Few questions have as much staying power and contemporary relevance as those concerning the best form of governance, and few political assassinations have exercised as many minds as the slaying of Caesar. In 1400, Antonio of Aquila asked Coluccio Salutati whether he thought that Brutus and Cassius were traitors for slaying Caesar. The question possessed some immediate literary importance to both of these men, given that Florence’s poetic hero Dante had seen fit to punish Brutus and Cassius in the very inner circle of Hell. In the tradition of the times, Salutati composed a lengthy epistolary response to Antonio, beginning with an elaborately florid Florentine preface, followed by a carefully delineated set of topics: the definition of a tyrant, justifications for tyrannicide, whether Caesar was a tyrant, whether Caesar’s murder was justified, and (most important for the pedant) did Dante make the right choice in placing Brutus and Cassius in Hell? There is also an awkward appendix designed to answer the question whether Aeneas and Antenor were traitors to Troy, a question which Antonio had posed along with the apparently more salient one about Caesar’s murder.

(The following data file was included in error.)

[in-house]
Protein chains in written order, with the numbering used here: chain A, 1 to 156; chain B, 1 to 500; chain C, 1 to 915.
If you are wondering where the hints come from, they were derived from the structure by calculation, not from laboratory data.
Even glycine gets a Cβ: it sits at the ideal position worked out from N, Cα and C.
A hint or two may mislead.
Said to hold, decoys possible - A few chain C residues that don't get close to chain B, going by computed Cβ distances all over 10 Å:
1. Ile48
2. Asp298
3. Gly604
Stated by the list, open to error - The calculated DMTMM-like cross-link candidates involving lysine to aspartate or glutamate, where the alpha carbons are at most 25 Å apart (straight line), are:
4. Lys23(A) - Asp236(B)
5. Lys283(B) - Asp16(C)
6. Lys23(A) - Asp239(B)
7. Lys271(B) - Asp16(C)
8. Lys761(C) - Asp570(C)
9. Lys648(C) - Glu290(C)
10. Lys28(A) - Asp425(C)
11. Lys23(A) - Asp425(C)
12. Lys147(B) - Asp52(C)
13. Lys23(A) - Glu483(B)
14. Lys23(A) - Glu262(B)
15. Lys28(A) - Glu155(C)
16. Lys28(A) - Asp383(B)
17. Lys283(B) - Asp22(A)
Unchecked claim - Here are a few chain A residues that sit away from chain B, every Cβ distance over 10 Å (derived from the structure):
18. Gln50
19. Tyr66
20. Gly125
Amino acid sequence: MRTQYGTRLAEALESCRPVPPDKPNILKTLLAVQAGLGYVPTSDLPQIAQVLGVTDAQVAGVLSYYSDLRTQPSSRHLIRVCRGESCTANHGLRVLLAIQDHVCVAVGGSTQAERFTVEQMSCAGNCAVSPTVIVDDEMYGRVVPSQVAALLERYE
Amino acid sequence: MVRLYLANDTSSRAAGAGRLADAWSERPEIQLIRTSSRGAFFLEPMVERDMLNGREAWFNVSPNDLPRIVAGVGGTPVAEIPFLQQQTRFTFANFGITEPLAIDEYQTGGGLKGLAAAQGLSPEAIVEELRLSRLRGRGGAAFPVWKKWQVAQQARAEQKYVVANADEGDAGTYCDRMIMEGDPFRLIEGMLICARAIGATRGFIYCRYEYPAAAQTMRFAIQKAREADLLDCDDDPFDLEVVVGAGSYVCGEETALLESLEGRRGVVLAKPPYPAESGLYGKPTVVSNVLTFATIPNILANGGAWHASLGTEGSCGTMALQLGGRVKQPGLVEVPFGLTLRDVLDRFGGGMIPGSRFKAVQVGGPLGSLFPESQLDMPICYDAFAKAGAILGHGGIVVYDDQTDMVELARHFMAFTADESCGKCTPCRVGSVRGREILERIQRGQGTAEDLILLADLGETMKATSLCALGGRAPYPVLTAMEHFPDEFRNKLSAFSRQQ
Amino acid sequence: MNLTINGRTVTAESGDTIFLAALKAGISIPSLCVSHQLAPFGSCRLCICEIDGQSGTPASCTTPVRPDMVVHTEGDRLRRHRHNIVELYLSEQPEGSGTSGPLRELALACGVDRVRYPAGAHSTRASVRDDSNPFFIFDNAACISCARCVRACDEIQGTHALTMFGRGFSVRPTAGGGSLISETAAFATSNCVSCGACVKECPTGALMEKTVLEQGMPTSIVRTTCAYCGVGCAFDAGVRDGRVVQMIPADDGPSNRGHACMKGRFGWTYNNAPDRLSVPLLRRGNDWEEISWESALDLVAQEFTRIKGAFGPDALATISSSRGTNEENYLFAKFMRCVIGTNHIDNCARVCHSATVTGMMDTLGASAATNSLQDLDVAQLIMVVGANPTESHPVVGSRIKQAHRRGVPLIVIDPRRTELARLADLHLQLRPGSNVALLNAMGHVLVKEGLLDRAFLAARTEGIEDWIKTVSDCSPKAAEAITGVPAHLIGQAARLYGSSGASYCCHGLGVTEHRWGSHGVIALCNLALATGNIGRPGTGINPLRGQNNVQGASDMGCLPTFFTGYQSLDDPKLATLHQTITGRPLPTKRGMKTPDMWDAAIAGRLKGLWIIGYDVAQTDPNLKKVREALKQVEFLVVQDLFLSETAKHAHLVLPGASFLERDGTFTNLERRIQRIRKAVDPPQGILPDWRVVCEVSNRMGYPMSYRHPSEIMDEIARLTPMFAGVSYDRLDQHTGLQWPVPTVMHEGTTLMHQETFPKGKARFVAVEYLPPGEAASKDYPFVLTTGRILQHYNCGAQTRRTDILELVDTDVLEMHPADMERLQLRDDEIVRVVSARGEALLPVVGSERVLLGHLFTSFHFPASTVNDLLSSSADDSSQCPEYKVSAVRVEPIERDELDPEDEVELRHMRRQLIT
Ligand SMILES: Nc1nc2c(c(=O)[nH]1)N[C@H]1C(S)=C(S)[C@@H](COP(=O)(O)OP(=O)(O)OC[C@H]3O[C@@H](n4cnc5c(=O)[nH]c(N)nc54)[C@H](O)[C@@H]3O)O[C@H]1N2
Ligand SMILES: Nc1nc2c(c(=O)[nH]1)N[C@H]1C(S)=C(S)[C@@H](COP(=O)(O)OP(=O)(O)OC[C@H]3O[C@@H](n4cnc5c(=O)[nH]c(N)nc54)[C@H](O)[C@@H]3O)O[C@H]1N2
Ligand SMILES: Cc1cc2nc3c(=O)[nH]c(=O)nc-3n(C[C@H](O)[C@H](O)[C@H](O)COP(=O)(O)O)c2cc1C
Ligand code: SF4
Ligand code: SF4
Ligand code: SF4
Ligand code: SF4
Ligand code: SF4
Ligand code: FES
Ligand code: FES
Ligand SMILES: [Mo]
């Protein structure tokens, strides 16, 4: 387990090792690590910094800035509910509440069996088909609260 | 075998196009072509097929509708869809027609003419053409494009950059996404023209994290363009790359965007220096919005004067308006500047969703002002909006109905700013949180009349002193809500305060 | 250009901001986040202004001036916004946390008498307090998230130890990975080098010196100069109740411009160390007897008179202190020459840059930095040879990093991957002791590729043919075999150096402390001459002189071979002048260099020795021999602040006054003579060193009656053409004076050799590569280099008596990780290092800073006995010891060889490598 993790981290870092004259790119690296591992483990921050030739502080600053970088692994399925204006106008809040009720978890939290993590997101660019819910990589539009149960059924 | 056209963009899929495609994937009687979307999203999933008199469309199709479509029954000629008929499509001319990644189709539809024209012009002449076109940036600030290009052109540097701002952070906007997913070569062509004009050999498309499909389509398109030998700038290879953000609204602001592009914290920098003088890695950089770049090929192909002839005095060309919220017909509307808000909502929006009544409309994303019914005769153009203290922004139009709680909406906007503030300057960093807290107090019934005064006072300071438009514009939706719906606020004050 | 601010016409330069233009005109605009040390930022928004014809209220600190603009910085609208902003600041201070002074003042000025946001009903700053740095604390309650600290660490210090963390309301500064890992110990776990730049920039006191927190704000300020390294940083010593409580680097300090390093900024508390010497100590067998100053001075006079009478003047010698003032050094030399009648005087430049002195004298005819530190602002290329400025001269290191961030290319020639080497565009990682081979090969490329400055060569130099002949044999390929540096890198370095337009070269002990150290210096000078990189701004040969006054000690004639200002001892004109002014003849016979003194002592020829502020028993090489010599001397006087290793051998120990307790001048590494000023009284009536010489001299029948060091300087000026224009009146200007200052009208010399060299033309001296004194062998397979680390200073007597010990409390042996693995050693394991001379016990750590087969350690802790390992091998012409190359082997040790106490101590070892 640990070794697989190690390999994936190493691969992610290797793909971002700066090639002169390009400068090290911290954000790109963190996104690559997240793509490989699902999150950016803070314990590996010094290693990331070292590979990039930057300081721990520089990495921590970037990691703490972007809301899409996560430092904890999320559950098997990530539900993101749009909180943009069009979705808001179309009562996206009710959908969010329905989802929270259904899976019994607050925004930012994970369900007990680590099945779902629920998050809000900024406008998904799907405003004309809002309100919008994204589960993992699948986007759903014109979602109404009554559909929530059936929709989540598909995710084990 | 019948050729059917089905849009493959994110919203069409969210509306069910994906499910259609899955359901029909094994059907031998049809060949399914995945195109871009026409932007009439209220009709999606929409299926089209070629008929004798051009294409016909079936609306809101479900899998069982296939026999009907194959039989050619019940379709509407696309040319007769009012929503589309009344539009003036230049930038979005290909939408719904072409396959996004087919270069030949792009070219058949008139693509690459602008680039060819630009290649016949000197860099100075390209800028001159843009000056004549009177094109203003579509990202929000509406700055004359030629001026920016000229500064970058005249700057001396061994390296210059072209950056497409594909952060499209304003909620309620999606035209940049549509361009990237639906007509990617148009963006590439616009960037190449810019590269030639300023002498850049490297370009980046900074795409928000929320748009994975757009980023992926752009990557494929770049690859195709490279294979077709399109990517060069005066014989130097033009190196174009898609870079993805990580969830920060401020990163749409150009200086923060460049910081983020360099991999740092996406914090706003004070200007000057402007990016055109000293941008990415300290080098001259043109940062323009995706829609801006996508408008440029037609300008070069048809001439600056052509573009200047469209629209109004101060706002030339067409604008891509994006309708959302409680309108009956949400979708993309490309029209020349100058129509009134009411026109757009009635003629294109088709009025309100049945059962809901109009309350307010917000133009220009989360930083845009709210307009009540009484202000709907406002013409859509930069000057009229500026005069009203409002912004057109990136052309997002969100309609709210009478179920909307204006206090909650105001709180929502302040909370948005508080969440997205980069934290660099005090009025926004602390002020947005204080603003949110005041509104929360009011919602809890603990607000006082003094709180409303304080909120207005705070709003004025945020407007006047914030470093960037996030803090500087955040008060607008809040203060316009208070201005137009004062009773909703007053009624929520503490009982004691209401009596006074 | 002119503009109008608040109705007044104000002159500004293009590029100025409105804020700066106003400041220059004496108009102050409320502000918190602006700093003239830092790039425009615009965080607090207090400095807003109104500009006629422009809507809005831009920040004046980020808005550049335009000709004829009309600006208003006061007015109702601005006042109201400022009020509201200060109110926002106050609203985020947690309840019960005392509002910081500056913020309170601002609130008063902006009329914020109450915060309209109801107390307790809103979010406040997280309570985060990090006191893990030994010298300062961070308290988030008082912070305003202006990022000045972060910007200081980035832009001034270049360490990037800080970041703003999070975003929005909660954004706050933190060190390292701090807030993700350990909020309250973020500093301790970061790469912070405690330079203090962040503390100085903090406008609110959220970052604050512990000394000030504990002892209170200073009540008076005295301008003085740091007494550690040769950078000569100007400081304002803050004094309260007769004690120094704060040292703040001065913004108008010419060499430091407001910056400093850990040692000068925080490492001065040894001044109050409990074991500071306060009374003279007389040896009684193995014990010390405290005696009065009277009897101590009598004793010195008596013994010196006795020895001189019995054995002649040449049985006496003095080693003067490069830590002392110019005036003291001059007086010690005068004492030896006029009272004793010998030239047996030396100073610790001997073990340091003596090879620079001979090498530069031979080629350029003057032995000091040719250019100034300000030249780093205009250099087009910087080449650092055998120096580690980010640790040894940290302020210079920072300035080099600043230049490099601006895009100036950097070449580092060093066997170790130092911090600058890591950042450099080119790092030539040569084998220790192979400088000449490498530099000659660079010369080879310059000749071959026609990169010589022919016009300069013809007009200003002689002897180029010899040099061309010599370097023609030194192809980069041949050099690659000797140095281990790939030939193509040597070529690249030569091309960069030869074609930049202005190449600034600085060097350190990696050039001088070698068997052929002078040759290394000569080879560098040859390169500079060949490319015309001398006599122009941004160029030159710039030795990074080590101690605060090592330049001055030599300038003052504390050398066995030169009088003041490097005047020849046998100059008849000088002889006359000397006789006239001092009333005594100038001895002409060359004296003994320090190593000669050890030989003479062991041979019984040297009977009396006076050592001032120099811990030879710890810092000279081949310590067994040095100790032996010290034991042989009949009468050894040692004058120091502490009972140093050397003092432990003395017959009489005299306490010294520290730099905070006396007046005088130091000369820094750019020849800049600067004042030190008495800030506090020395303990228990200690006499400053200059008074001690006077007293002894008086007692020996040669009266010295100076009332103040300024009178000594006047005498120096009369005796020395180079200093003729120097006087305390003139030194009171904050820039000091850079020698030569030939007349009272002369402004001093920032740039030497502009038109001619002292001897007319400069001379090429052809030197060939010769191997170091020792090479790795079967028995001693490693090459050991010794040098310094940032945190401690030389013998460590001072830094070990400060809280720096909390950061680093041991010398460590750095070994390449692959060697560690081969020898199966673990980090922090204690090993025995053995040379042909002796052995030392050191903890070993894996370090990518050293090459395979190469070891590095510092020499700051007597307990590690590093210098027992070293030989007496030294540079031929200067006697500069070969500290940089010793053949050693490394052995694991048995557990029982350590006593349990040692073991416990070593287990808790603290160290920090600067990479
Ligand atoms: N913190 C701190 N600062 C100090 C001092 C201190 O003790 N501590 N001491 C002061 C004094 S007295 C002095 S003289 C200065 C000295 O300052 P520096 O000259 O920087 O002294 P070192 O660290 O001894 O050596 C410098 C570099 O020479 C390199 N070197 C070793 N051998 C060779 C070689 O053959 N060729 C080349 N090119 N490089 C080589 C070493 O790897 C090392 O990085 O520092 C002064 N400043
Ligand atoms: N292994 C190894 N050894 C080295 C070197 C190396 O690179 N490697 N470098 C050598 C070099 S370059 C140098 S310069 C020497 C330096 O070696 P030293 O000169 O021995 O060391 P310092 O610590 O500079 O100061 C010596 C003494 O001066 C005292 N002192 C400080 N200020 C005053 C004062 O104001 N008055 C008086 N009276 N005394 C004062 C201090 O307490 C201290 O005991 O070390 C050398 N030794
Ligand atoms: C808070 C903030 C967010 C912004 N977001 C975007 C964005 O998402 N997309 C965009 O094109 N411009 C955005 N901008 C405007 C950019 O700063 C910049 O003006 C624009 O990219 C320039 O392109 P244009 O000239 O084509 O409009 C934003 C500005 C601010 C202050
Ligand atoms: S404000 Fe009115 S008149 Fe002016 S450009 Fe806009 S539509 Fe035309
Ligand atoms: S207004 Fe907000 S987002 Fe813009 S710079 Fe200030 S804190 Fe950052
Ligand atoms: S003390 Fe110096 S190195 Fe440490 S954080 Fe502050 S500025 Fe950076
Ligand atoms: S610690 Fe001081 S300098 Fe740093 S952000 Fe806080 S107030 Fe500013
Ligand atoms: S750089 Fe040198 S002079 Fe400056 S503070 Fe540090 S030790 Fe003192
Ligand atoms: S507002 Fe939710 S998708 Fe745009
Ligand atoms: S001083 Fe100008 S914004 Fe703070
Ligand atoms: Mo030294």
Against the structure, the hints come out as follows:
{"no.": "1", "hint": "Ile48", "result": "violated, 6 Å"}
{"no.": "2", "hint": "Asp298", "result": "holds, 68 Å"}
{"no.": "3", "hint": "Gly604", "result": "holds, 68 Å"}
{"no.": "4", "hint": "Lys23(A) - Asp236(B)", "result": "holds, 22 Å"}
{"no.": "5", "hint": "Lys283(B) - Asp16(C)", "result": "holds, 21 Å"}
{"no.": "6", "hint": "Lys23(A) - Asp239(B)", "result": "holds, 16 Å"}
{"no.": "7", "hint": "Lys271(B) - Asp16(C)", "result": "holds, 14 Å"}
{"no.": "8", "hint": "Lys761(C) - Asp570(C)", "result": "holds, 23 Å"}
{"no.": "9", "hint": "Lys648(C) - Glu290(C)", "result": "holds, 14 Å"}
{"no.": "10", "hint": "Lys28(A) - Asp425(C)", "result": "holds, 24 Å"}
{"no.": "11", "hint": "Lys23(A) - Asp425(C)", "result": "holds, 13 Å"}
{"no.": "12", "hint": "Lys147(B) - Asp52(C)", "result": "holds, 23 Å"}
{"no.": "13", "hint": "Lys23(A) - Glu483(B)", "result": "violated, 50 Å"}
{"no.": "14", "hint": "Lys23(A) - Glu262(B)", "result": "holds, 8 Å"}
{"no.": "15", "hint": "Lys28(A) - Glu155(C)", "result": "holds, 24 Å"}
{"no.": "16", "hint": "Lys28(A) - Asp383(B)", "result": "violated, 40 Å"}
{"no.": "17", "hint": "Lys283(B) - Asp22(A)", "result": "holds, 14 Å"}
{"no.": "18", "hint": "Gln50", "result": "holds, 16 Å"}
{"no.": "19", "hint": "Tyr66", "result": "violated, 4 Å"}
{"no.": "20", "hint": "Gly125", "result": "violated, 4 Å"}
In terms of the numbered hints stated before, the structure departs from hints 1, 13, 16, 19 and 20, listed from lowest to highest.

Salutati’s tackles the definitional question in the initial section titled What Is a Tyrant and from What is the Name Derived? by engaging in some amateur etymologizing. Salutati’s own etymologizing may not reflect the standard of scholarship achieved by men like Lorenzo Valla, but he does cite St. Gregory for what is effectively the proper definition of a tyrant:
“A tyrant is, properly speaking, one who reigns in a communal republic by something other than right.”
Proprie enim tyrannus dicitur qui in communi re publica non iure principatur.